(This tutorials was previously published in the book Encaustic Revelation by Patricia Baldwin Seggebruch, copyright 2014. It is republished here courtesy of createmixedmedia.com and North Light Books.)
This technique was taught by Susan Stover at EncaustiCamp 2013.
Fabric and wax have been used together for many centuries and throughout many cultures, from coating fabrics with wax for protection and endurance to creating beautiful patterns with wax and dye. Therefore, it seems a natural combination when you think of using fabric with encaustic. Silk is my favorite fabric to use with encaustic because it absorbs the wax so beautifully, but you may want to try other natural fabrics as well. There are endless options for unique mark-making, layering and patterning when combining surface design techniques on fabric with wax. In this chapter, we will explore contemporary and traditional techniques such as discharge, batik, silk painting and sun printing on silk and how we can use them in encaustic painting.
cooking oil or blending stick
Dye-Na-Flow fabric paint
dyed black silk (best to dye your own using Jacquard’s Acid or Procion MX dyes)
encaustic paint and medium
iron for wax
piece of Plexiglas
plastic ice cube tray
silk habotai, silk organza
soft paint brushes for water-based paints, a few different sizes
spray bottle for water
stencils (plain mylar or acetate)
for making batik stamps: wood blocks, cotton rope, wood glue
ABOUT THE TOOLS
There are a couple of traditional batik tools that we will be using: a tjanting, which is a drawing implement that has a reservoir for hot wax, a handle and spout; and a tjap, which is a stamping tool used for printing a repeat pattern or image. A tjap is traditionally made of flat, thin pieces of copper or metal that are bent and placed on end to form an intricate design. The copper helps to keep the wax hot as it is applied to the fabric. Our homemade version of a tjap is a stamp made with wood blocks and cotton rope. The cotton rope soaks up the wax and makes multiple prints possible. To make your own, cut pieces of cotton rope and use wood glue to attach the rope to a wood block. It is helpful to attach a smaller block or dowel to the back side as a handle. Experiment with your own mark-making tools. Try sticks, cardboard or kitchen tools!
Batik and Silk Painting
Batik is the process of applying wax to a fabric and then dyeing it. Successive layers of wax and dye can be applied to build up layers of pattern or imagery. Silk painting, traditionally done in the serti method, involves laying down lines of wax to enclose shapes on a piece of fabric. Dye is then applied within the closed shapes. In this demonstration we will experiment with both of these approaches.
It helps to keep your stamps warm on the palette, griddle or shallow pan.
1. With the shiny side of the freezer paper up, iron your piece of silk onto the freezer paper. Use a dry iron, no steam. This will help to stabilize the fabric as you are working on it.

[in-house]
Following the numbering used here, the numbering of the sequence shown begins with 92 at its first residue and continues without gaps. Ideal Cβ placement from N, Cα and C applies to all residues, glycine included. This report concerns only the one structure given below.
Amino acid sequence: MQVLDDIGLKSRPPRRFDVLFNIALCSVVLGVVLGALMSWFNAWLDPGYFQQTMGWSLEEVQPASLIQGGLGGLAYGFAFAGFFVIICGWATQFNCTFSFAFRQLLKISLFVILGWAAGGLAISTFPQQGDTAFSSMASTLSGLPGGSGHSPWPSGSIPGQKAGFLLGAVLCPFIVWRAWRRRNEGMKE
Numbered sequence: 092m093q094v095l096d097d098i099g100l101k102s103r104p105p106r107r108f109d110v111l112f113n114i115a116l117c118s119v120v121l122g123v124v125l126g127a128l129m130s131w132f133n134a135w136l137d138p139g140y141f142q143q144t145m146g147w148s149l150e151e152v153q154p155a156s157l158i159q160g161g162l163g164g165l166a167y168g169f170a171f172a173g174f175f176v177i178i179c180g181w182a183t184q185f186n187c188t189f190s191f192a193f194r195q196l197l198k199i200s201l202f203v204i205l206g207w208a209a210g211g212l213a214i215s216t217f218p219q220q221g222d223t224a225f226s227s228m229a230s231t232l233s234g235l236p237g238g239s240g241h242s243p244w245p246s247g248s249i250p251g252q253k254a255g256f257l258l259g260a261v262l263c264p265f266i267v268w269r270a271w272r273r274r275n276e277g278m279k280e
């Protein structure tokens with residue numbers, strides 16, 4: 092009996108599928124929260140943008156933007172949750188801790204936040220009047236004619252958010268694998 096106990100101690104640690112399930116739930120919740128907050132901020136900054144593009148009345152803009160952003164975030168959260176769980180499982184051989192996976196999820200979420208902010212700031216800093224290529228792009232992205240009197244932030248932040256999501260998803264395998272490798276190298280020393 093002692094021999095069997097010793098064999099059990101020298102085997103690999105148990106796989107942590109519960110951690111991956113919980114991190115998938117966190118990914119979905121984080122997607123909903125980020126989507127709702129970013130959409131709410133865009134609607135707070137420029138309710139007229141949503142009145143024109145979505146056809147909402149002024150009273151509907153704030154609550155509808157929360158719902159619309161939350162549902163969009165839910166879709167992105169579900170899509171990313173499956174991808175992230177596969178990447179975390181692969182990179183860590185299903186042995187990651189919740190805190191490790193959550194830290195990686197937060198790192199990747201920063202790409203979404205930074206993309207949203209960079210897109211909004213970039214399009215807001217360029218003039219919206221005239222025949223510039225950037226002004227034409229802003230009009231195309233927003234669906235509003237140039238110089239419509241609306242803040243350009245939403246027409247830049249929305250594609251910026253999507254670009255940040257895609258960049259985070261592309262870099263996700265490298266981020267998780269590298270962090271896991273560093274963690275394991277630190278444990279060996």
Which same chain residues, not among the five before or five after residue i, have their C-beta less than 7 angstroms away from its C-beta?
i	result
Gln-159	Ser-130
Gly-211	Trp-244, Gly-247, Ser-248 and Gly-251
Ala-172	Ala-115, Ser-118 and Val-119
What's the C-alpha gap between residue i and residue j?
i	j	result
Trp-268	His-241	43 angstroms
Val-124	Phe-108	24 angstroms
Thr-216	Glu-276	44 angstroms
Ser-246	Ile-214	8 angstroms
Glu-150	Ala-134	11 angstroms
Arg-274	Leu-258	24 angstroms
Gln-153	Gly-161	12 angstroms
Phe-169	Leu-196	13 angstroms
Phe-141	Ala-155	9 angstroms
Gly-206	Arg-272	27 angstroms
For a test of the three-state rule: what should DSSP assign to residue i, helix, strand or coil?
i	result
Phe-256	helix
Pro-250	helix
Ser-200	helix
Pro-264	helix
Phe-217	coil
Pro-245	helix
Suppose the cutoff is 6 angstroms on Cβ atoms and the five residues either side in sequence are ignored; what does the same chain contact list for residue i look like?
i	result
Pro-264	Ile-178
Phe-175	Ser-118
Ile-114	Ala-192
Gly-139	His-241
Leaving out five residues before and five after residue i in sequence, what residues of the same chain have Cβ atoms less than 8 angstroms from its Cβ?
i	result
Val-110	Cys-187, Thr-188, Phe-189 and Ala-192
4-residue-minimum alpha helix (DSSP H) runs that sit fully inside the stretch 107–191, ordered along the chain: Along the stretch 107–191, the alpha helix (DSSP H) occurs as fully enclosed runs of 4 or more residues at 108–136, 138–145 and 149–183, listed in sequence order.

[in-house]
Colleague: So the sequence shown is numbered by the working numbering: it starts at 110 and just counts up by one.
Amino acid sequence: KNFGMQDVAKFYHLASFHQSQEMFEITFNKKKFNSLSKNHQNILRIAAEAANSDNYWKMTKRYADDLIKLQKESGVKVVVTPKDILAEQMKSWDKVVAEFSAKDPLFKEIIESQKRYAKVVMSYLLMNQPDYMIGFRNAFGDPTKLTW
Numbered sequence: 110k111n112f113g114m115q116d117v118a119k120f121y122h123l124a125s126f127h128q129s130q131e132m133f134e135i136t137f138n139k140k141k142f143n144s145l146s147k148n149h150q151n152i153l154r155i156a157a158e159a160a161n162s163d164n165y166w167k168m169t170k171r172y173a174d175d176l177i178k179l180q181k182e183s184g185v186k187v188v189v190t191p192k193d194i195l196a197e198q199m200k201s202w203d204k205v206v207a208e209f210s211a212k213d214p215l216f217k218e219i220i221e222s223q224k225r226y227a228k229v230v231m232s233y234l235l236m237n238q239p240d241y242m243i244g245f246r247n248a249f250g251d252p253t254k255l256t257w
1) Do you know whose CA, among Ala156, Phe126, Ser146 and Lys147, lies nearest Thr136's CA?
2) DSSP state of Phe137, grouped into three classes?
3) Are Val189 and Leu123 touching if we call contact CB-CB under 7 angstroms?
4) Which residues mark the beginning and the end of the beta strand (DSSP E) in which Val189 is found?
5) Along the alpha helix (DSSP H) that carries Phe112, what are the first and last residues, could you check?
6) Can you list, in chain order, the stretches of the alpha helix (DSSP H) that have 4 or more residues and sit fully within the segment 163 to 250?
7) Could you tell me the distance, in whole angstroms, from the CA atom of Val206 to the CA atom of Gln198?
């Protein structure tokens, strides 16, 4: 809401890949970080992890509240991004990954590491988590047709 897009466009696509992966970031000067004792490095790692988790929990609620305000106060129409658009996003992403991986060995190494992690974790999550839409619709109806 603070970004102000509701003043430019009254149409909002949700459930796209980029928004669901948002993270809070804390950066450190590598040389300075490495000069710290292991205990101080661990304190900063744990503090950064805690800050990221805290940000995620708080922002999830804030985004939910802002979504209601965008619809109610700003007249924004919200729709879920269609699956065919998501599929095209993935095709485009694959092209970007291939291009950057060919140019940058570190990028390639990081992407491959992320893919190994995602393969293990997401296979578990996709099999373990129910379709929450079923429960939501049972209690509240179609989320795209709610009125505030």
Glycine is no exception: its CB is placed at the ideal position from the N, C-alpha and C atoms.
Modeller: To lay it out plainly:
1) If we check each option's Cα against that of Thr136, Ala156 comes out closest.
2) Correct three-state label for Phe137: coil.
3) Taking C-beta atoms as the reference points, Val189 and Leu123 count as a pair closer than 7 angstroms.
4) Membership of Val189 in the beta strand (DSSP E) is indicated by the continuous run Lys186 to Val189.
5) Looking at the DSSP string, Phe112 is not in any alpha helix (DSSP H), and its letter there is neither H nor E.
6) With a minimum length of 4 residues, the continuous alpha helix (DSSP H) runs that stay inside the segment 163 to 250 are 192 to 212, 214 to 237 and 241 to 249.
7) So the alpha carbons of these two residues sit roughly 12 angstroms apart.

2. Apply encaustic medium using a brush, tjanting or tjap.
3. In the plastic ice cube tray, mix colors of Jacquard’s Dye-Na-Flow. To make pastels, the colors can be diluted with water. (Dye-Na-Flow is a water-based fabric paint that flows like a dye.)
4. Paint the silk. You may choose to do multicolor washes over the whole fabric or more-detailed filling in of shapes. Let the fabric and dye dry completely.
5. Pull the fabric from the freezer paper.
6. Place the fabric between sheets of newspaper.
7. Iron the wax from the fabric.
8. Remove the fabric from the newspaper.
You don’t need to iron out the wax completely, but I find that it is easier to embed the fabric in encaustic later if it isn’t all bumpy with wax.
Incorporating Your Surface-Designed Fabric into Encaustic Paintings
Now comes the fun part, as if you aren’t having fun already! There are limitless possibilities for surface-design techniques when combined with encaustic. I hope these demonstrations start the wheels turning and get you thinking about how you can bring your own ideas of fabric and wax together.
To apply fabric over a whole painting:
1. Start with a few layers of fused encaustic medium or paint on your bord. Press a piece of fabric that is slightly larger than the bord onto the smooth, warm surface. (Here I’ve painted a color onto a bord. If you decide to do this, consider how the paint color might affect the color of your fabric.)
2. Turn the bord over and cut along the edge of the bord with a craft knife to remove any excess fabric.
You can prevent air bubbles underneath the fabric by making sure your encaustic surface is smooth.
3. Brush a layer of clear medium over the fabric.
4. Use a pottery tool to remove any bumps or unwanted texture in the wax.
(This tutorial was previously published in the book Encaustic Revelation by Patricia Baldwin Seggebruch, copyright 2014. It is reprinted here courtesy of CreateMixedMedia.com and North Light Books.)